Today the system still exists, sometimes even in its original form: but most often by far the new patrons are corporations and governments, the aim is for much more immediate bottom-line pay-off (in parallel with how much faster the clock seems to be running upon us all), and what is not seen to have any direct fiscal value (eg. most art) is humoured along only insofar as public relations coax out a supplemental profit. Pride of display and pride in encouragement of talent have been thrust out of their place by end results, the sooner/more likely the better. The payment structure itself has morphed into the world of the foundation and the grant, the application a series of flaming hoops so unnecessarily convoluted that an increasing number of research institutions hire -- indeed, have to hire, lest this work take even further away from the core research -- full-time grant writers and researchers, or outsource to a specialised firm, for the specific purpose of finding out what is available and then draughting all the proposals ... and yet the purpose here is the same as it has always been: to get the work being done to be seen by the potential patron.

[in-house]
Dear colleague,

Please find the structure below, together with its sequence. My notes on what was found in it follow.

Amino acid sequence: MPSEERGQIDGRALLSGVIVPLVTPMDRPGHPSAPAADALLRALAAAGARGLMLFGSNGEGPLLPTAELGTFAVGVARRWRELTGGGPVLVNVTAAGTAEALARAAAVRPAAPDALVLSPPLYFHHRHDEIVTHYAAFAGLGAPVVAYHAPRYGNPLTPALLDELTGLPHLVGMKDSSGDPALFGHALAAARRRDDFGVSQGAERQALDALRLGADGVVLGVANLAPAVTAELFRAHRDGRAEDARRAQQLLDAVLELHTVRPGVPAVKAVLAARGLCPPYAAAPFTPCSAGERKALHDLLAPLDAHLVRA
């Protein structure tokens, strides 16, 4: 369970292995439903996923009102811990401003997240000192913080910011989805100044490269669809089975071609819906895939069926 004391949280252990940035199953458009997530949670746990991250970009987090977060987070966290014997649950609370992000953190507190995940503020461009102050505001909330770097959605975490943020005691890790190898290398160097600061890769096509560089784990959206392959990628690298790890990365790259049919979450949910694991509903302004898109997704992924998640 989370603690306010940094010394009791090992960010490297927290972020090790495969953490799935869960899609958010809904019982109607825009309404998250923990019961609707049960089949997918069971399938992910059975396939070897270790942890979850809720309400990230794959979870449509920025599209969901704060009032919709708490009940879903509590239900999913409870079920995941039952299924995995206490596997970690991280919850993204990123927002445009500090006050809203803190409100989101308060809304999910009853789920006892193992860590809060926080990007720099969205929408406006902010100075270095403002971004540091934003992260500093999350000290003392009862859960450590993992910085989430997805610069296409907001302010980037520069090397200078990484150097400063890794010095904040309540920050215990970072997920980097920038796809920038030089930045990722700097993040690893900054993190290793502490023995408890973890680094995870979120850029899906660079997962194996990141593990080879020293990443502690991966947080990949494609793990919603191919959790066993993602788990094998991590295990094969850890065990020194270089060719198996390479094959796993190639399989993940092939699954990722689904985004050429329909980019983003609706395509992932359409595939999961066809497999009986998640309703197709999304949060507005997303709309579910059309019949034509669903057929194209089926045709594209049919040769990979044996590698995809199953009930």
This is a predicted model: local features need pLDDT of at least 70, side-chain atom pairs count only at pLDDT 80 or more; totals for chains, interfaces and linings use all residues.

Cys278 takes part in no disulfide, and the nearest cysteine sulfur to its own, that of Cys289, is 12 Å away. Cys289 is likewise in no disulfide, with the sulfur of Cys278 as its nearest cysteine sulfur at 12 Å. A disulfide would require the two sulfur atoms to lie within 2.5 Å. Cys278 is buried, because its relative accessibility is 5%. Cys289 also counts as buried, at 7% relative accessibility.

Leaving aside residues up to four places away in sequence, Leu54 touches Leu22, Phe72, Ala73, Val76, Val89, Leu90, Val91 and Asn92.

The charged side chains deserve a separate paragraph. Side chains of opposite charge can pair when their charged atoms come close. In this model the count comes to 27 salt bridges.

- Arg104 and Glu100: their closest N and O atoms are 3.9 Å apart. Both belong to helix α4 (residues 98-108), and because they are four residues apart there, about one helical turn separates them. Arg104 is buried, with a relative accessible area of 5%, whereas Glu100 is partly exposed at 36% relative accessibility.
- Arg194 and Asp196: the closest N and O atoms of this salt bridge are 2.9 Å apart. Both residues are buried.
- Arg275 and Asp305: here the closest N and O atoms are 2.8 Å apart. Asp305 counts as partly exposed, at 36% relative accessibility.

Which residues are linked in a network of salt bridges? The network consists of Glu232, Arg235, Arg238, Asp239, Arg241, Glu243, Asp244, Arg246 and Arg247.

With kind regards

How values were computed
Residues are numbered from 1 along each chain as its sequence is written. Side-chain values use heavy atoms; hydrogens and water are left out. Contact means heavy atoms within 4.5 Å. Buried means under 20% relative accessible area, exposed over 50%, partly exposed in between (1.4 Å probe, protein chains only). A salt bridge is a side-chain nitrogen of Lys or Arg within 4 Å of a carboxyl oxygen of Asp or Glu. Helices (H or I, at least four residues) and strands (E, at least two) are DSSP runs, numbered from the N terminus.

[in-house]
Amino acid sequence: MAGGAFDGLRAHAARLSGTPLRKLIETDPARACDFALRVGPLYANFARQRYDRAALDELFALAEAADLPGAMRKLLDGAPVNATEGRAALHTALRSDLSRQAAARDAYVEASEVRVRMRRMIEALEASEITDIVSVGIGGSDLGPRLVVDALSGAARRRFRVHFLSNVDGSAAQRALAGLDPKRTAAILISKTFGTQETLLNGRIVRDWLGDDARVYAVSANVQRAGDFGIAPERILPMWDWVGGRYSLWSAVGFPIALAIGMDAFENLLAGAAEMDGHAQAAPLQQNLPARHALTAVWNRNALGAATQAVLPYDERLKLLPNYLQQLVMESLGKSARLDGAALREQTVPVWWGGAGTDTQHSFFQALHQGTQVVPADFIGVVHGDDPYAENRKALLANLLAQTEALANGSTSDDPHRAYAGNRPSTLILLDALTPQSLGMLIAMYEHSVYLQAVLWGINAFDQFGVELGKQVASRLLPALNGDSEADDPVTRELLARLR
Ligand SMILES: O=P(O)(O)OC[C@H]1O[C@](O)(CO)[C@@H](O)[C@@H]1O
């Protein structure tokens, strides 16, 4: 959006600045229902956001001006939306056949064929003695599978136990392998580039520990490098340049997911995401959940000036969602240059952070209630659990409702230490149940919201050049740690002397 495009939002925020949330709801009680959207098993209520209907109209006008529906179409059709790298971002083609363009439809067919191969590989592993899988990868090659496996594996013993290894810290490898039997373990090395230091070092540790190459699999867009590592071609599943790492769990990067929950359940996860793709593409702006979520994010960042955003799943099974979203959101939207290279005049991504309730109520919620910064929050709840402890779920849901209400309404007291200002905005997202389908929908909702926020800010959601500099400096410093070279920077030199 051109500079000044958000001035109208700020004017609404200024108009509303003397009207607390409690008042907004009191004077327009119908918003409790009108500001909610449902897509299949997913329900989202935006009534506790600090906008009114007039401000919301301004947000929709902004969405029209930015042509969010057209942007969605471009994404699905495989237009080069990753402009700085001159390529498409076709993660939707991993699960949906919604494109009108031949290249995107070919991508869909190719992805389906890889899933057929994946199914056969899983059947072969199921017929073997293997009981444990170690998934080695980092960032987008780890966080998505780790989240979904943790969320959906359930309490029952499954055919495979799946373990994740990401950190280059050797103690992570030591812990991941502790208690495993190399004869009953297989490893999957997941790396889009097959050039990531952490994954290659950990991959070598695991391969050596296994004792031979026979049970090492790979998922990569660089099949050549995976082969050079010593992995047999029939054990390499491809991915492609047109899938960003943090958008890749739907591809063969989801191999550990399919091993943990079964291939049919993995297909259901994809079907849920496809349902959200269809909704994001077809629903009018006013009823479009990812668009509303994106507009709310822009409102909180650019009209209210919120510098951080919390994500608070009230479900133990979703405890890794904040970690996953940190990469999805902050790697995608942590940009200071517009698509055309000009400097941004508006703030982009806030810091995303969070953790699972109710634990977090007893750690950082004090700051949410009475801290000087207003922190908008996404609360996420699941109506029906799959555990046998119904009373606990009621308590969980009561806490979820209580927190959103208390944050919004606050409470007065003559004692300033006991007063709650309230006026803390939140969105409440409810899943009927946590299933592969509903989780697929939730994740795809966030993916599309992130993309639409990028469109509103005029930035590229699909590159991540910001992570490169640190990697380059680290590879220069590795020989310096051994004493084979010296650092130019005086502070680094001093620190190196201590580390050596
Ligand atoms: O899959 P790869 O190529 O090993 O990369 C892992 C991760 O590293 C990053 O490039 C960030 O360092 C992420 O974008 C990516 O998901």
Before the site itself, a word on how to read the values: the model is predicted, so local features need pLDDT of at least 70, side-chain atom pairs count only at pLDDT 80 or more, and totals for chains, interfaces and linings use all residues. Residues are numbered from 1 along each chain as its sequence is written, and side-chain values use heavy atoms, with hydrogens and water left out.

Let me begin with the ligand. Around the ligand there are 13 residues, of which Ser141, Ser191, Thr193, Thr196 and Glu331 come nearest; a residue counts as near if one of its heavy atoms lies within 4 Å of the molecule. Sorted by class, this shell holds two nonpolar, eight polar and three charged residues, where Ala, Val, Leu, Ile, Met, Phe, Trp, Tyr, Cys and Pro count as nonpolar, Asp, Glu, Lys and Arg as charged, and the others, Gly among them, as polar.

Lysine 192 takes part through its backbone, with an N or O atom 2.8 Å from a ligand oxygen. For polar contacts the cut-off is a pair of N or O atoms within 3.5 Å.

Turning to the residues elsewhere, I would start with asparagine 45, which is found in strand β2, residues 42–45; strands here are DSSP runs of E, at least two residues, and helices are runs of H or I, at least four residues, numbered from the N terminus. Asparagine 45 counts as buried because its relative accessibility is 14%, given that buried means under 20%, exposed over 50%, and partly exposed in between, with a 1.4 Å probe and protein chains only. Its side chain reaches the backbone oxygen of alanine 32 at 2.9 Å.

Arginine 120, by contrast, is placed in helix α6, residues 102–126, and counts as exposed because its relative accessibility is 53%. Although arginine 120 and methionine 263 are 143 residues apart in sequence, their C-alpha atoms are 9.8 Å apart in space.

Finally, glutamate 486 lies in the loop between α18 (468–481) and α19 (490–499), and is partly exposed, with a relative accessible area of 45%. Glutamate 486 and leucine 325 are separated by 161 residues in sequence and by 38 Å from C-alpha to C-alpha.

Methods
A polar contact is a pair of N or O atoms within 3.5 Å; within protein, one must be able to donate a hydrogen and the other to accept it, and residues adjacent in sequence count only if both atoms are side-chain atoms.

Whether the funding is private or government, patronage has become a major business ... and are its protegés, the ones around whom the entire system is centred, any better off for the transformation? Are they able to be any more focussed upon their work, without those annoying distractions such as bill collectors or trying to figure out how to pay that month's rent? Are they any more independent of their new patron, be it government programme or private enterprise, than they have ever been?